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In plants, Latin names are suggested because
a. Latin name is simple
b. Universal identification is required
c. It is easy to write
d. None of these

Last updated date: 16th Jun 2024
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Hint: A single plant may have one, or several names that may change from region to region depending on the language and culture of that area. In botany, instead of using the local language, there is a specific set of rules that must be followed to name a plant. There is an organisation that governs these rules and makes sure they are followed properly.

Complete answer:
There are hundreds of thousands of plant species on earth, and every one of them has a regional name. These names vary from one region to another, so that a single plant species may end up having several names. This can create confusion while doing scientific research and experiments. Thus, a standard system of naming plants was developed that would be the same all over the world, getting rid of any confusion in scientific communication. The language chosen for this purpose was Latin because it is a dead language and is identified throughout the globe. Also, at the time when this hierarchical grouping system was created, Latin and Greek were the international languages of science. While non-Latin names of plants may sometimes be used as well (Denversaurus, for example), whole names are Latinised for maintaining consistency and avoiding accusations of national bias.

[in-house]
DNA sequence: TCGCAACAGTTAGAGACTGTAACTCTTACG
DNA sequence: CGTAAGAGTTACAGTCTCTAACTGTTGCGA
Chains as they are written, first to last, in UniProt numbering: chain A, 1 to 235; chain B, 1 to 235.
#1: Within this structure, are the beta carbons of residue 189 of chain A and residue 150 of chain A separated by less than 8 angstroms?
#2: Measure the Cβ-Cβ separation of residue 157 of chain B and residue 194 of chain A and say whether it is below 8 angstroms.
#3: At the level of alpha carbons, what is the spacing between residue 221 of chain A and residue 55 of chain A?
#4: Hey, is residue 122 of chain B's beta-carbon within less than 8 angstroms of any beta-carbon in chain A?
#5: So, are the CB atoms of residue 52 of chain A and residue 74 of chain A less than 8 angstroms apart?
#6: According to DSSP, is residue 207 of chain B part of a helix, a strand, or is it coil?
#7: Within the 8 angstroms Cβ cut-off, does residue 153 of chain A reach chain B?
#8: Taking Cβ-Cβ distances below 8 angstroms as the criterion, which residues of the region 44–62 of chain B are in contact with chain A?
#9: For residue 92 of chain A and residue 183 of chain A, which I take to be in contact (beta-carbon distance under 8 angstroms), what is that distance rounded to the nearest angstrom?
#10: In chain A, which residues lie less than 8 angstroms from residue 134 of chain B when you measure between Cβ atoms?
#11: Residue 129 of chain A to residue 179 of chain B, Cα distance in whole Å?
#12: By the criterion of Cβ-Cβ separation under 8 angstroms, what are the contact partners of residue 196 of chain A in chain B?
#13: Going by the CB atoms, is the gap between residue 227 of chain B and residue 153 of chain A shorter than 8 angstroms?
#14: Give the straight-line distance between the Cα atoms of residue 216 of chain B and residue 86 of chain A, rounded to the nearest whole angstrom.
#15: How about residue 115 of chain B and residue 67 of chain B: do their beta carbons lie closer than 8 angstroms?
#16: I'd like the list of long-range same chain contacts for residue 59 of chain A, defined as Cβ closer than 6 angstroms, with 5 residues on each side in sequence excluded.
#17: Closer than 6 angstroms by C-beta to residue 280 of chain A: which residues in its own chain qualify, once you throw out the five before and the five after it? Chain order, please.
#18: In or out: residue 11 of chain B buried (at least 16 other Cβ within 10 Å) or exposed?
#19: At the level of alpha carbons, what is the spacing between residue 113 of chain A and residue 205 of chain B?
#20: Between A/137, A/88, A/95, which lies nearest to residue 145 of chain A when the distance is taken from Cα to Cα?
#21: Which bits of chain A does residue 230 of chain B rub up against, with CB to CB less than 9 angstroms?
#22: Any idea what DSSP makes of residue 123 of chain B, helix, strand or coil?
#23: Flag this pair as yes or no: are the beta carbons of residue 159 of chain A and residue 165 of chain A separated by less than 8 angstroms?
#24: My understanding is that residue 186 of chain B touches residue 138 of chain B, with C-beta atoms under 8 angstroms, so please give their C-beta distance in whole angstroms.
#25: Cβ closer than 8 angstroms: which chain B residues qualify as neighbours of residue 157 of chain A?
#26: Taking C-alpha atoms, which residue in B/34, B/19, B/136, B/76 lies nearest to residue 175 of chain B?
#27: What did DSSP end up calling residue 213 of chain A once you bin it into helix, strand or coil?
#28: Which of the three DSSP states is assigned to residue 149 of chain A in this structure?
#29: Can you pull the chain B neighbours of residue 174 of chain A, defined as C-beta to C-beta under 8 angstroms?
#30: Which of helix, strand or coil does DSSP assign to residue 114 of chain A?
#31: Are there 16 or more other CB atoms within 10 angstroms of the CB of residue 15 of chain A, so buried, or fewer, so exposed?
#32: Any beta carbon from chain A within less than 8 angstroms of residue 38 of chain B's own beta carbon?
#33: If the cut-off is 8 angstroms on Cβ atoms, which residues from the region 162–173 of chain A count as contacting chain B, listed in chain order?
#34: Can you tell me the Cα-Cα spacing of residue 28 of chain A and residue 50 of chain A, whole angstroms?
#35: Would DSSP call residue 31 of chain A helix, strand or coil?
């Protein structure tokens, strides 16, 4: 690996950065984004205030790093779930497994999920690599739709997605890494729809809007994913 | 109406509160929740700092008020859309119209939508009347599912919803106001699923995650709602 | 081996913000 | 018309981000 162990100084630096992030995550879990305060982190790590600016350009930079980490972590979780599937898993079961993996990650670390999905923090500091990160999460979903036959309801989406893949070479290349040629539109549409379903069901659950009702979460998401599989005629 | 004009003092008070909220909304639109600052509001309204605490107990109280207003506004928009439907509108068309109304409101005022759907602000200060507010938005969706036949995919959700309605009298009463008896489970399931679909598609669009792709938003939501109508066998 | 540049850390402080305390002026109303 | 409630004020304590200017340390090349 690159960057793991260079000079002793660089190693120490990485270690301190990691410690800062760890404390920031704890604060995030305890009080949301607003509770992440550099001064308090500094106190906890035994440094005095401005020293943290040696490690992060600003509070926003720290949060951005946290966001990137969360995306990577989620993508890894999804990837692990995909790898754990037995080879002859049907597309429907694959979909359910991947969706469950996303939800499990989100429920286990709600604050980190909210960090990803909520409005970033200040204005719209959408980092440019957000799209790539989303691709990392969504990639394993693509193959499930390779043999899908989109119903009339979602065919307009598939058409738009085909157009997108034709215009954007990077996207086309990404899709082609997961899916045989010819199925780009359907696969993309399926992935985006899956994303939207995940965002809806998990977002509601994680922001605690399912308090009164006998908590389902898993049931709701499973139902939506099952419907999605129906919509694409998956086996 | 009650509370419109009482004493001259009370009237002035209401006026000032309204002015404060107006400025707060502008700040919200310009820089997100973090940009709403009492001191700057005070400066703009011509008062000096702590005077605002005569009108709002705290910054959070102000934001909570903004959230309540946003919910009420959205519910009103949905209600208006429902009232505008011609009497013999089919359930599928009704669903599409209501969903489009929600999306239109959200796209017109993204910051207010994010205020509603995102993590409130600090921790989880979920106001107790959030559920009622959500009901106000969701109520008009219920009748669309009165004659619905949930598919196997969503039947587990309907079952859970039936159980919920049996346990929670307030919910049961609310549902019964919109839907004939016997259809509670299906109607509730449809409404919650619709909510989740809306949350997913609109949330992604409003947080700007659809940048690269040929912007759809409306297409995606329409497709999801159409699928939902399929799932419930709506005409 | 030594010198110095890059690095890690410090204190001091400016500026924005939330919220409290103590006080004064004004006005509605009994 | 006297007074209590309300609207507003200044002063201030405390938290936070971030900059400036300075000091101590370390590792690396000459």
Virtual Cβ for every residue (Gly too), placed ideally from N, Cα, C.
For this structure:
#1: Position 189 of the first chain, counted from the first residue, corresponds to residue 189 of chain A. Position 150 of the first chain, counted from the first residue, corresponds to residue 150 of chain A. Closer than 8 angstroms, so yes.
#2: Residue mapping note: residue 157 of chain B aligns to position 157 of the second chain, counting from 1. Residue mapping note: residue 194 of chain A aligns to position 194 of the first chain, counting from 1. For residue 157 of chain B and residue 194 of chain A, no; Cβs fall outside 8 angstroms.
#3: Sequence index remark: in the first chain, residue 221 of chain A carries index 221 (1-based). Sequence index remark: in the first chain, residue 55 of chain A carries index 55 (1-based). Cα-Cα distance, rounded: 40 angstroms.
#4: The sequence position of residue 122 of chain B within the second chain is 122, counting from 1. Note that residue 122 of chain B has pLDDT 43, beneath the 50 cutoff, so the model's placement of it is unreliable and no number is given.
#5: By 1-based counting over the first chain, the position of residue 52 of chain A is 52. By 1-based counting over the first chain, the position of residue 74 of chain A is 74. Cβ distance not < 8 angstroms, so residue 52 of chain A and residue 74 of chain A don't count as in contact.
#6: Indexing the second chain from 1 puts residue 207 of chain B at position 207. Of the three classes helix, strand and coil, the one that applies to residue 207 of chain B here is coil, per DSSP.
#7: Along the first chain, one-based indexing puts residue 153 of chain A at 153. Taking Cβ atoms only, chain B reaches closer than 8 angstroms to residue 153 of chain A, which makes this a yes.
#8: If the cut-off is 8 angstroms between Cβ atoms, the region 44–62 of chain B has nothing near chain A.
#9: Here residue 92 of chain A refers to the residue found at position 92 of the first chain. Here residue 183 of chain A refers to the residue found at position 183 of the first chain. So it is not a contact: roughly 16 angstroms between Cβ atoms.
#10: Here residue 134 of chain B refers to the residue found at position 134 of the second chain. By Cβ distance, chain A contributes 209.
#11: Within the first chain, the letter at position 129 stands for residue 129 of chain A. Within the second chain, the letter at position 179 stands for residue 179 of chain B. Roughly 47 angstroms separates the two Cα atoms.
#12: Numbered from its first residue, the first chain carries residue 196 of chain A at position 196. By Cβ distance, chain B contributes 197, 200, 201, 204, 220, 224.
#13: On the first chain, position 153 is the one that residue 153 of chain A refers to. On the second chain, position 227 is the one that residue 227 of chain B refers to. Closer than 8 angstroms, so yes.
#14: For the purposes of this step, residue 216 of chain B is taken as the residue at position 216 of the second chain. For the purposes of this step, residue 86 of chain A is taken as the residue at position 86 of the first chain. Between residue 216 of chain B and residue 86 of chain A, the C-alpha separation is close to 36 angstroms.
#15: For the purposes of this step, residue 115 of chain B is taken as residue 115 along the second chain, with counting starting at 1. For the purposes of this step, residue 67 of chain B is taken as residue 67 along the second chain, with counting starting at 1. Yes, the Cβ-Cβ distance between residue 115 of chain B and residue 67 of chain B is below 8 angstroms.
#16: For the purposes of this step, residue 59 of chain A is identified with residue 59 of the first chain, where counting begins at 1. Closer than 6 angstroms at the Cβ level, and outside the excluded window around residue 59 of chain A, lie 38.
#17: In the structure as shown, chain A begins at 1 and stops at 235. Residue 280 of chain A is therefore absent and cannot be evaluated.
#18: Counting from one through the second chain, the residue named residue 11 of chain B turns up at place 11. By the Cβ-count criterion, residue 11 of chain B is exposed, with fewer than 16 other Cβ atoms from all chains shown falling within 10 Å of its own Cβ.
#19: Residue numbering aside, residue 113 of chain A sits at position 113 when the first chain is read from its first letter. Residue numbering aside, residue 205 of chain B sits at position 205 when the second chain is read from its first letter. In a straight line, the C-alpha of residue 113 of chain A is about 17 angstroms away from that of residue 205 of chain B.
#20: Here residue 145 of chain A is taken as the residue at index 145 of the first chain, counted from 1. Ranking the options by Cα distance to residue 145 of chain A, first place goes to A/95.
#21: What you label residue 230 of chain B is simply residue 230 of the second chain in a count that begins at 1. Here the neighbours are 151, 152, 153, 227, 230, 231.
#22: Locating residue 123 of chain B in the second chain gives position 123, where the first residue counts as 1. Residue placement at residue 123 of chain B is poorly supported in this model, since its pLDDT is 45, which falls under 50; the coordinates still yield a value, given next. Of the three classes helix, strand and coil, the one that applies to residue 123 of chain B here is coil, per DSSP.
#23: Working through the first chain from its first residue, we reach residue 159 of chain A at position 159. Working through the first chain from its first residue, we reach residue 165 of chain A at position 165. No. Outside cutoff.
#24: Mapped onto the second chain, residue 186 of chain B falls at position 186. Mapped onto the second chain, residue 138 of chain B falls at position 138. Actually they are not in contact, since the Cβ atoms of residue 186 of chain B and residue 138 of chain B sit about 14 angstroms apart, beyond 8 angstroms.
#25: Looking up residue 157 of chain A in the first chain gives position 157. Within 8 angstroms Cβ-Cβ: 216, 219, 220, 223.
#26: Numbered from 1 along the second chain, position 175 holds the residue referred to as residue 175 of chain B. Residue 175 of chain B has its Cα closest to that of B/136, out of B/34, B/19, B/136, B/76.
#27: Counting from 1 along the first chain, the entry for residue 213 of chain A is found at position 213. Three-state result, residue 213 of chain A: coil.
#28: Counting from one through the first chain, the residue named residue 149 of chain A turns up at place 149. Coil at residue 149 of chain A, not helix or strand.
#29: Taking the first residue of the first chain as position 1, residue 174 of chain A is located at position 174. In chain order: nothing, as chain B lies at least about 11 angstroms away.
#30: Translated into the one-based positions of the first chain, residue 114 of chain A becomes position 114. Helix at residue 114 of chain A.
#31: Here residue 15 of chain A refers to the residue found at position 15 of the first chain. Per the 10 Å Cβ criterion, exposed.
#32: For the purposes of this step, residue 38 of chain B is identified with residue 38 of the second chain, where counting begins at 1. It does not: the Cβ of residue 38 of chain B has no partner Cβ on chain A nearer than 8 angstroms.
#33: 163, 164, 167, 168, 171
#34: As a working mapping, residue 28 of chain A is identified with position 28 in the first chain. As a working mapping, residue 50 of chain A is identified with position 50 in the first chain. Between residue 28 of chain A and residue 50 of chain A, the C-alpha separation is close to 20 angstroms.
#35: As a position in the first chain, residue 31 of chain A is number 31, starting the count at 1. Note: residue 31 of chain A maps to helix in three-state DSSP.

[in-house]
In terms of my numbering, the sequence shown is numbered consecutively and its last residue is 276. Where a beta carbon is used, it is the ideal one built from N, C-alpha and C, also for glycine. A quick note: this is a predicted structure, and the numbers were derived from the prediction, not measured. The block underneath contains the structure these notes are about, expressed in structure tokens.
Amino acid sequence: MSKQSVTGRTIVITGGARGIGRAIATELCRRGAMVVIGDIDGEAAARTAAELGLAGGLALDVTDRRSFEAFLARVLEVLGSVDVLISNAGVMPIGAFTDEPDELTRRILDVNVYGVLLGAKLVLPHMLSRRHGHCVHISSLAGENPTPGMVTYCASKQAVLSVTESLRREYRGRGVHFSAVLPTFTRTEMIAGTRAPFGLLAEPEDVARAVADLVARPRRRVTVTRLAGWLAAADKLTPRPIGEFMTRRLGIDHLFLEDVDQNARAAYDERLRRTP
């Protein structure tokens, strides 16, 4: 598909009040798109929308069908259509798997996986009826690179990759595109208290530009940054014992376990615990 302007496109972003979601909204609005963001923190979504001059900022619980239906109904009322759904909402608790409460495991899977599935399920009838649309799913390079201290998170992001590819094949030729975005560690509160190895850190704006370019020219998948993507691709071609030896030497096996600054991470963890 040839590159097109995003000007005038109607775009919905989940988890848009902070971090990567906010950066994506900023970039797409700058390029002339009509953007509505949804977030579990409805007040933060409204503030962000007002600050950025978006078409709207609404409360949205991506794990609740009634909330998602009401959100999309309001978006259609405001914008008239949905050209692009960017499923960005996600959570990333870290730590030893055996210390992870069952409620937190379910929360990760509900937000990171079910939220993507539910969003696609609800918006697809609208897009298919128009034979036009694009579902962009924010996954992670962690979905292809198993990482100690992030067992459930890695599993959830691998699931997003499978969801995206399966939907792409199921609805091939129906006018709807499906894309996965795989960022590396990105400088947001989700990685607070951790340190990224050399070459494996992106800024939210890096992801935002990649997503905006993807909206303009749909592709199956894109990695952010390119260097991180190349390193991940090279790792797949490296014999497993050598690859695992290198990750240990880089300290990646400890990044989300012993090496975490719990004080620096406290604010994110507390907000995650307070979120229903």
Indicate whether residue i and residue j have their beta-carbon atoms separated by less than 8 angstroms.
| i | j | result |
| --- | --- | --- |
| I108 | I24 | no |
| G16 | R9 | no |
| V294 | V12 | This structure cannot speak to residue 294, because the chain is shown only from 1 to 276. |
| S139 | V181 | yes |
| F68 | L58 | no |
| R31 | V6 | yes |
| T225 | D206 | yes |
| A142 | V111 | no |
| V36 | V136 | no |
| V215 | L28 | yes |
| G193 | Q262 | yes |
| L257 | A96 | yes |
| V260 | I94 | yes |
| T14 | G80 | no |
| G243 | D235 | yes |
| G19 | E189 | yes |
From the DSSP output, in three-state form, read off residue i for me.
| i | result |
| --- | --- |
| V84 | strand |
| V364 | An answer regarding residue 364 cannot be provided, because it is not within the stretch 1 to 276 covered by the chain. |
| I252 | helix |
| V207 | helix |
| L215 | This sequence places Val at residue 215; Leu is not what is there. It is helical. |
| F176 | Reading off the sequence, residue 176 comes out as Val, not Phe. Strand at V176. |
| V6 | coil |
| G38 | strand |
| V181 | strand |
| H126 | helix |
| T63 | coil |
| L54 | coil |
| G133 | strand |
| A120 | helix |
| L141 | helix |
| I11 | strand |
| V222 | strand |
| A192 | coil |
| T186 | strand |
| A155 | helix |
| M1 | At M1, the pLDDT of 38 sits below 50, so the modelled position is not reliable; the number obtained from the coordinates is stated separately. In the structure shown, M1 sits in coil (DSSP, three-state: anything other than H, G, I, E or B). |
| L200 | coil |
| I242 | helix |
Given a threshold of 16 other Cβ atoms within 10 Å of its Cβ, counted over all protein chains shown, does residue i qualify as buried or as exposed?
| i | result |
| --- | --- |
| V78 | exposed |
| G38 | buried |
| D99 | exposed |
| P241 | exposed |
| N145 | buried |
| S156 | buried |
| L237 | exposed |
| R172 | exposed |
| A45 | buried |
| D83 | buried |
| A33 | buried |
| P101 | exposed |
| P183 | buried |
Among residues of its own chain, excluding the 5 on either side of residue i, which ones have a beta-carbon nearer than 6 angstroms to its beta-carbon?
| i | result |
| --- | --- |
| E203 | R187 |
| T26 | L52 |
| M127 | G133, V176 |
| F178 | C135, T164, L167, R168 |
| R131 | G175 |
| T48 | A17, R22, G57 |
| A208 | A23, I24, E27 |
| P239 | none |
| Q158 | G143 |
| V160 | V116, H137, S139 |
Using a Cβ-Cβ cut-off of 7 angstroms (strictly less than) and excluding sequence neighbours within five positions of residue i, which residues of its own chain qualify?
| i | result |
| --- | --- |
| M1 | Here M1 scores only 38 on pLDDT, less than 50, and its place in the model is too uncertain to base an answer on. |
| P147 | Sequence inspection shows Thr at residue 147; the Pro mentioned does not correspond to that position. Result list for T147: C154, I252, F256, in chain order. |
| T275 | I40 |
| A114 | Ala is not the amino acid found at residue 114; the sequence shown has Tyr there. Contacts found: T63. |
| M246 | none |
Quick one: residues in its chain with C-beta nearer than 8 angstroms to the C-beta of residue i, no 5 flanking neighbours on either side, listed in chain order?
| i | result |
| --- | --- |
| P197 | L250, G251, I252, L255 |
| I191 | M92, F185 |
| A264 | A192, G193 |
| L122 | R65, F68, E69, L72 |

Hence, the correct answer is option (B).

Additional information:
Rules for botanical naming plants in Latin-
• Each plant has a unique name.
• The scientific name of a plant consists of two words. The first is the plant’s genus and always begins with a capital letter, while the second is its species and is always written in lowercase. The entire name must be italicized, or both the names must be underlined separately.
• For example, the scientific name for mango is Mangifera indica. Here, “Mangifera” is the genus and “indica” is the species. The first name starts with a capital letter and the second with a small letter, and the entire name is italicized.
• Since the scientific name consists of two words, it is called the binomial (two name) system of nomenclature.

Note: Some important points-
• Binomial nomenclature was developed by Swedish botanist and physician Carl Linnaeus in the mid 1700s.
• Nomenclature of plants is governed by the International Code of Nomenclature for algae, fungi and plants (ICN). It was formerly called International Code of Botanical Nomenclature, or ICBN.
• Besides plants, binomial nomenclature is also used for animals. All the rules that apply for plants also apply for animals.